Natural Resources and Environment:

Impact of Gasoline Constraints Should Be Considered in Managing Federal Recreation Facilities

CED-81-111: Published: Jun 30, 1981. Publicly Released: Jun 30, 1981.

Additional Materials:

Contact:

Brian P. Crowley
(202) 512-9450
contact@gao.gov

 

Office of Public Affairs
(202) 512-4800
youngc1@gao.gov

During 1979 and 1980, when gasoline was in short supply and prices rose, the public's use of outdoor recreation facilities was significantly affected. People tended to use facilities closer to home. Recreation officials observed: longer stays at campgrounds; less vehicular movement within and between recreation areas; increased use of tents; and use of smaller cars, trucks, and recreational vehicles. The National Park Service experienced heavy declines in visitation at distant facilities. At the same time, the use of facilities in and near cities increased.

Most Federal agencies have not done enough to respond to indications that people are pursuing recreation closer to home and might want to use less gasoline while doing so. Forest Service policies include encouraging energy efficient transportation systems and locating new facilities near them. In addition, the National Park Service has developed a policy to promote public and nonmotorized transportation. However, neither agency has done much to carry out these policies. The Corps of Engineers and the Water and Power Resources Service (WPRS) have not taken any steps to develop recreation policies which take public gasoline conservation into consideration. Many measures undertaken for environmental protection or public service motives have had incidental gasoline conservation effects, such as shuttle bus service within parks and campground reservation policies. Recreation managers could make greater use of the National Park Service's exchange program by sharing information on gasoline conservation measures. Recreation managers need better forecasts of visitation trends so that they can consider applying their limited resources to facilities where more people are expected to go. Better forecasts will be needed to identify what factors affect recreation patterns and to forecast visitation levels. Forecasting research has been uncoordinated and has focused on determining recreation use at a point in time rather than establishing recreation trends. Statistical forecasting models could help improve recreation planning and management.

Recommendations for Executive Action

  1. Status: Closed - Implemented

    Comments: When we confirm what actions the agency has taken in response to this recommendation, we will provide updated information.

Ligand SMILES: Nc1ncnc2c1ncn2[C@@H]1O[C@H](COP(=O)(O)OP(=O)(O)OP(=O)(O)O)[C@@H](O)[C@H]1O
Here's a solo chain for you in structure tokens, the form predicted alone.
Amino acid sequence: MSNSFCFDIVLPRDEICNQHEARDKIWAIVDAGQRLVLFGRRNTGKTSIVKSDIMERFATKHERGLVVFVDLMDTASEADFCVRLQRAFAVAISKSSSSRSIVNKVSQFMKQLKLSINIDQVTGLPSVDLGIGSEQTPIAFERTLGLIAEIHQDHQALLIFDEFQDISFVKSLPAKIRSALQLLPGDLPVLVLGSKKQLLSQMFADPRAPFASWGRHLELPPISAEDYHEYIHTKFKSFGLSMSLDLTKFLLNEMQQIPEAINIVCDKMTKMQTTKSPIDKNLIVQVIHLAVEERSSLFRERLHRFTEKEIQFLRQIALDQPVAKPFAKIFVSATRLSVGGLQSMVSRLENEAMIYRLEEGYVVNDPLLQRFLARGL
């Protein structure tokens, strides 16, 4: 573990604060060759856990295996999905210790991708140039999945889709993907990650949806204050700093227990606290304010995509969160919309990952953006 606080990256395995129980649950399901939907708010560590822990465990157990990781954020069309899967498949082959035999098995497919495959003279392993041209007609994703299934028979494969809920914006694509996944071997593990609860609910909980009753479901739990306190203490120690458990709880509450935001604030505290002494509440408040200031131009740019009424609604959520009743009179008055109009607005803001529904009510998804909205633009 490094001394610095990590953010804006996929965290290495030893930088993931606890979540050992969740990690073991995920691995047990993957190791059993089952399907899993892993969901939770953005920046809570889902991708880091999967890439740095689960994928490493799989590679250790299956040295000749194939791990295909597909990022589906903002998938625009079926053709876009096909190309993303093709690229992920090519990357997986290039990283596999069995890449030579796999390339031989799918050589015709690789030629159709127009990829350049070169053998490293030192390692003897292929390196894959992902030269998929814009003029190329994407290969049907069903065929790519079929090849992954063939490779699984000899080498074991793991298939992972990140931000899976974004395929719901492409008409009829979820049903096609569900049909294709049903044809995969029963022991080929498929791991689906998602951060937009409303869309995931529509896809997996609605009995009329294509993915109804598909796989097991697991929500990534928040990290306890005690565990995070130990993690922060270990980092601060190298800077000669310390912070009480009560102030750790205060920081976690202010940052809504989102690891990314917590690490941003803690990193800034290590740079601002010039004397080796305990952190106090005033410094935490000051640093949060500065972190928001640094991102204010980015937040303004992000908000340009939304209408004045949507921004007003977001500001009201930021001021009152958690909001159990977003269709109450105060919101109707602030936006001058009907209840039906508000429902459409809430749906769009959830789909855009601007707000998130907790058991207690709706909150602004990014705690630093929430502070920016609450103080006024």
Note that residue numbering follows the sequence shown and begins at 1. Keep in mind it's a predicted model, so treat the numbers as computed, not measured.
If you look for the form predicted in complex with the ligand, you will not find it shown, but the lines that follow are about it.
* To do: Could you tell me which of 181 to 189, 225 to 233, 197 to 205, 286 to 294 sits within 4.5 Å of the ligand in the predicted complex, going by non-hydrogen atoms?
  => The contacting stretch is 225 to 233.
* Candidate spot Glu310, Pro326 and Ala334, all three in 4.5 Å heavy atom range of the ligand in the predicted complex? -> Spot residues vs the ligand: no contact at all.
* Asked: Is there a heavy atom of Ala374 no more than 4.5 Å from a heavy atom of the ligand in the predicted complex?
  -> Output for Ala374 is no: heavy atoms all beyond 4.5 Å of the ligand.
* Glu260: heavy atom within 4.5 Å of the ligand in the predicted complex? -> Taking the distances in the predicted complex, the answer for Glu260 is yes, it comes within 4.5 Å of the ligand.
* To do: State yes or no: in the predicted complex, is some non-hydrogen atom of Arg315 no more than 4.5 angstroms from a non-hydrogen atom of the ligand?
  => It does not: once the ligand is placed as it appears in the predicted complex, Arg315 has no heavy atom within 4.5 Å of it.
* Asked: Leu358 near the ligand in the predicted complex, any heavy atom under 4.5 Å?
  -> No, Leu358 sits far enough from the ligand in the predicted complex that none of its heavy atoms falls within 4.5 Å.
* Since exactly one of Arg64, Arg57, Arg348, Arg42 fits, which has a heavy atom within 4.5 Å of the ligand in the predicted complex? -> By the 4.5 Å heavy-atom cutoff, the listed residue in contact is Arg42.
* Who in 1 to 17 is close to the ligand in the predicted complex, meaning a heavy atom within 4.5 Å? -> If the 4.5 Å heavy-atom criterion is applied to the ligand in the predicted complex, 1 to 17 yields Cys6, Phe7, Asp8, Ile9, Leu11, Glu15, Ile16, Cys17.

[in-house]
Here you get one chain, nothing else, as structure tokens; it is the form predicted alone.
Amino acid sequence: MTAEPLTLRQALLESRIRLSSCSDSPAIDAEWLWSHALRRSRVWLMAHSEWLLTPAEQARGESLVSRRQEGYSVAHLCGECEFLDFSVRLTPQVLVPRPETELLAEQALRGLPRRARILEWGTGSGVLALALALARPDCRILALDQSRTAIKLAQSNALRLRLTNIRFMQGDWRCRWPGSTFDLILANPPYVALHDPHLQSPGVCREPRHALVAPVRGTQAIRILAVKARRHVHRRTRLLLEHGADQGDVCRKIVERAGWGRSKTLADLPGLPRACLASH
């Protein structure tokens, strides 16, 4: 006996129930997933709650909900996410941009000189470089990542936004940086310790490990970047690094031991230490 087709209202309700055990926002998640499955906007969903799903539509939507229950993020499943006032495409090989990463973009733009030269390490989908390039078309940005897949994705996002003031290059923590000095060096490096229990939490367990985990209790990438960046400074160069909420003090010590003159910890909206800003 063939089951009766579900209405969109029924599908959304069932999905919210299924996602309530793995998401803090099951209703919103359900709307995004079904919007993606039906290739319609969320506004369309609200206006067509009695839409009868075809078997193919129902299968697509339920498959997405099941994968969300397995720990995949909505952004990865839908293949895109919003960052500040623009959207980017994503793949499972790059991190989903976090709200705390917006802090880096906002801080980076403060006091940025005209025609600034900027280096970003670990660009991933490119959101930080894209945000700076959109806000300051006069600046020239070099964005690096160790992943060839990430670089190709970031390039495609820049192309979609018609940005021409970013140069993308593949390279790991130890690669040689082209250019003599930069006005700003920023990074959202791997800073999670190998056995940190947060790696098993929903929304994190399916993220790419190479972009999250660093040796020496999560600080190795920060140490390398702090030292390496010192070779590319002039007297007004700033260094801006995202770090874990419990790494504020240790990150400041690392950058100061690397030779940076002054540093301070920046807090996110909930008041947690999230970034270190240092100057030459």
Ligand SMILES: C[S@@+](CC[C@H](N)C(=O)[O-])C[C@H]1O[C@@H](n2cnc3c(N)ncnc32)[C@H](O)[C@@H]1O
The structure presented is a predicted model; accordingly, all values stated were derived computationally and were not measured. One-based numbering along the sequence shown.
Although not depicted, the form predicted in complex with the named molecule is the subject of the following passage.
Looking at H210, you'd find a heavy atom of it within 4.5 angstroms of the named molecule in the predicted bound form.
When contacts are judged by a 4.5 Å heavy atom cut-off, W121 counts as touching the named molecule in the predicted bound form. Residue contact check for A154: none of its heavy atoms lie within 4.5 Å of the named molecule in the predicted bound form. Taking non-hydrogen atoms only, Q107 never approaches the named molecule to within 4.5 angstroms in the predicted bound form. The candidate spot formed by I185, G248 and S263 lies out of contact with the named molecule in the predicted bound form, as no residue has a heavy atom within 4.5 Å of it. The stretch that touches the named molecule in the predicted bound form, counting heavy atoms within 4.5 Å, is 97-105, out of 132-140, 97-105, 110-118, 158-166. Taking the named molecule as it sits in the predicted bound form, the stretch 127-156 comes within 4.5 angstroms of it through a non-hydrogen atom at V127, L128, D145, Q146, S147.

Recommendation: The Secretaries of the Interior, Agriculture, and Defense should require their agencies to consider the results of improved forecasts in allocating financial resources to recreational facilities.

    Agency Affected: Department of Defense

  2. Status: Closed - Implemented

    Comments: When we confirm what actions the agency has taken in response to this recommendation, we will provide updated information.

    Recommendation: The Secretaries of the Interior, Agriculture, and Defense should require their agencies to consider the results of improved forecasts in allocating financial resources to recreational facilities.

    Agency Affected: Department of Defense

  3. Status: Closed - Implemented

    Comments: When we confirm what actions the agency has taken in response to this recommendation, we will provide updated information.

    Recommendation: The Secretaries of the Interior and Defense should require WPRS and the Corps of Engineers to adopt gasoline conservation policies.

    Agency Affected: Department of the Interior

  4. Status: Closed - Implemented

    Comments: When we confirm what actions the agency has taken in response to this recommendation, we will provide updated information.

    Recommendation: The Secretaries of the Interior and Defense should require WPRS and the Corps of Engineers to adopt gasoline conservation policies.

    Agency Affected: Department of the Interior

  5. Status: Closed - Implemented

    Comments: When we confirm what actions the agency has taken in response to this recommendation, we will provide updated information.

    Recommendation: The Secretary of the Interior should coordinate and monitor research performed by various agencies on the long- and short-term effects that fuel shortages and high fuel costs have on the use of recreation facilities.

    Agency Affected: Department of the Interior

  6. Status: Closed - Implemented

    Comments: When we confirm what actions the agency has taken in response to this recommendation, we will provide updated information.

    Recommendation: The Secretaries of the Interior, Agriculture, and Defense should require their agencies to consider the results of improved forecasts in allocating financial resources to recreational facilities.

    Agency Affected: Department of Defense

 

Explore the full database of GAO's Open Recommendations »

Nov 20, 2014

Nov 17, 2014

Oct 16, 2014

Oct 14, 2014

Sep 23, 2014

Sep 22, 2014

Sep 19, 2014

Sep 15, 2014

Sep 12, 2014

Sep 9, 2014

Looking for more? Browse all our products here